The U.K. Department for International Development is once again being criticized over how it spends aid money — this time on an Ethiopian radio show led by Yegna, a girl band dubbed as the local version of the Spice Girls.
The band sings songs aimed at empowering women and girls to speak up for their rights, and critics argue that 3.8 million pounds ($6.1 million) of support is too much for a program that is not sure to produce any significant results.
However, this may not be completely true, as music can play an important role to empowering women and girls, especially if the songs reach rural, remote areas of Ethiopia where girls have limited access to information, said an official from U.K.-based CARE International in Addis Ababa.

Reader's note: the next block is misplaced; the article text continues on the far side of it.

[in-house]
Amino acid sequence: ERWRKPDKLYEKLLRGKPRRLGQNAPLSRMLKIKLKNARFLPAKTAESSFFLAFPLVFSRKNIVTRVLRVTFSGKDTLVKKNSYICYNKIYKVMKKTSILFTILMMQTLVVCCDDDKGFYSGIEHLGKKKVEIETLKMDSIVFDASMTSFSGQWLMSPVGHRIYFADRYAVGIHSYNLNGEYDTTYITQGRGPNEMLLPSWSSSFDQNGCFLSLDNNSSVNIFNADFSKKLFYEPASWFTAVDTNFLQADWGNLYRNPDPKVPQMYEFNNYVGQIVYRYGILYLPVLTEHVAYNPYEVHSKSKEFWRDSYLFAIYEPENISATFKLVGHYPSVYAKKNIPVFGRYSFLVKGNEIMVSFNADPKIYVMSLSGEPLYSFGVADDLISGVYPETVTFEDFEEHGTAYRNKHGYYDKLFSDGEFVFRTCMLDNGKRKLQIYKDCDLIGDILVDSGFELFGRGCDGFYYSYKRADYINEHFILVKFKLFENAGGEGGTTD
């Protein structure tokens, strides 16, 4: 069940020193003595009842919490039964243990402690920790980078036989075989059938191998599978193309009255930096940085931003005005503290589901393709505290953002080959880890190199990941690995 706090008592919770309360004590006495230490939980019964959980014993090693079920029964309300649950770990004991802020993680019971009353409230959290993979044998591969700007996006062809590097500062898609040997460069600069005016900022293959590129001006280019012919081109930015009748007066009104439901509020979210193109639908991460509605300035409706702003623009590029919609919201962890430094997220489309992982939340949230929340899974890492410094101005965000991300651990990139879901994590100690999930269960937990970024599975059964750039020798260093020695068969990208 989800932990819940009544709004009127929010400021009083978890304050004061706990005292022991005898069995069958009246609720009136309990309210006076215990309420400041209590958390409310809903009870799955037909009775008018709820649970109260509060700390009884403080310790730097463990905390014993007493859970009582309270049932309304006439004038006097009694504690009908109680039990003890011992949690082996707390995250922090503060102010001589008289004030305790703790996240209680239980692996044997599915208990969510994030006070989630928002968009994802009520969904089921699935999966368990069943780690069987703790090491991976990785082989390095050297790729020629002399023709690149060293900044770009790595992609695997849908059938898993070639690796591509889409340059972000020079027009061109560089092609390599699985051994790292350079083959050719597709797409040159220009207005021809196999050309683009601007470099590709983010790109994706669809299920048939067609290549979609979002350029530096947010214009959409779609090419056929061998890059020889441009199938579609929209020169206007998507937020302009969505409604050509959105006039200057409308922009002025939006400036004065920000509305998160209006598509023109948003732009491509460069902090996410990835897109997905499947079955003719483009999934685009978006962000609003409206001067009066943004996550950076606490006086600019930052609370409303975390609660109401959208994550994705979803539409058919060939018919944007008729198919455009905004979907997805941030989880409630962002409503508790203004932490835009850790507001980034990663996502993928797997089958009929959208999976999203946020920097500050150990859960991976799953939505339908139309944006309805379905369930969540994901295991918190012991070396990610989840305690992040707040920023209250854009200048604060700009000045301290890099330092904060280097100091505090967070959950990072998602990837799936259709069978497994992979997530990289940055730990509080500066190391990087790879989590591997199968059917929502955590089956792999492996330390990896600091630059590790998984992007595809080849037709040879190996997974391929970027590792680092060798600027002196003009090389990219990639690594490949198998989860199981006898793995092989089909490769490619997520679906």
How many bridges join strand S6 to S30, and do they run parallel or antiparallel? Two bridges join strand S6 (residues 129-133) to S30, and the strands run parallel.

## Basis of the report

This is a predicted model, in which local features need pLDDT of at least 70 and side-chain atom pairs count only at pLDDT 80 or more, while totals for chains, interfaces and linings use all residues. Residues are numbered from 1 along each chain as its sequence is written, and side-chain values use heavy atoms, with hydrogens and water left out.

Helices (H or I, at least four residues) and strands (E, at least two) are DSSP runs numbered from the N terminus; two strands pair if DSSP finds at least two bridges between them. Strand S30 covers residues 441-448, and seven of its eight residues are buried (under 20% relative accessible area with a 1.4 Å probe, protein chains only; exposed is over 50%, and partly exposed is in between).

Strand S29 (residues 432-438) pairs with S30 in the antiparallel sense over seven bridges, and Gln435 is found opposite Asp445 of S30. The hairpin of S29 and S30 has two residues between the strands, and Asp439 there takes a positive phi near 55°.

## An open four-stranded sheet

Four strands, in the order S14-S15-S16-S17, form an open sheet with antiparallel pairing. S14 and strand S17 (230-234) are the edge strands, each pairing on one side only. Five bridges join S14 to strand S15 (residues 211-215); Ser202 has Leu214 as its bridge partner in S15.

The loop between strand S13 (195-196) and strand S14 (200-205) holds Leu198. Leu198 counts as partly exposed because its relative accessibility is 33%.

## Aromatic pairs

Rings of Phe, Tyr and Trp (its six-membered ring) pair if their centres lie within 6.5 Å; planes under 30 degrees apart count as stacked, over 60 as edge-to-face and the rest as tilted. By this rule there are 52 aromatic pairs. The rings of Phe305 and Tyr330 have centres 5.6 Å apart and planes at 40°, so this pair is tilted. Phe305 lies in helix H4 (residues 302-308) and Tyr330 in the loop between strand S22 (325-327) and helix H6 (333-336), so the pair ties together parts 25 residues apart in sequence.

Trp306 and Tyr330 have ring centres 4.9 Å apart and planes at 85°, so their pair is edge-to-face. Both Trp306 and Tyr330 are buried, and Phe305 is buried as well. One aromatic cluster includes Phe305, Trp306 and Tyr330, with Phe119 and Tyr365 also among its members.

The official, who spoke on condition of anonymity, suggested using both national and local radio programs for this purpose.
Donors like DfID, he explained, should also first conduct practical assessments of which initiatives are working, and then follow them up with direct discussions with women and girls living in remote parts of the country to know what they think is good for them, and incorporate their thoughts in project proposals.
Using music to promote women empowerment is not unique to the British aid agency. In 2012, the U.S. Agency for International Development agreed to channel $20 million for the local version of Sesame Street in Pakistan, initially set to run for four years. But just six months later, the agency cut the funding due to allegations of fraud.
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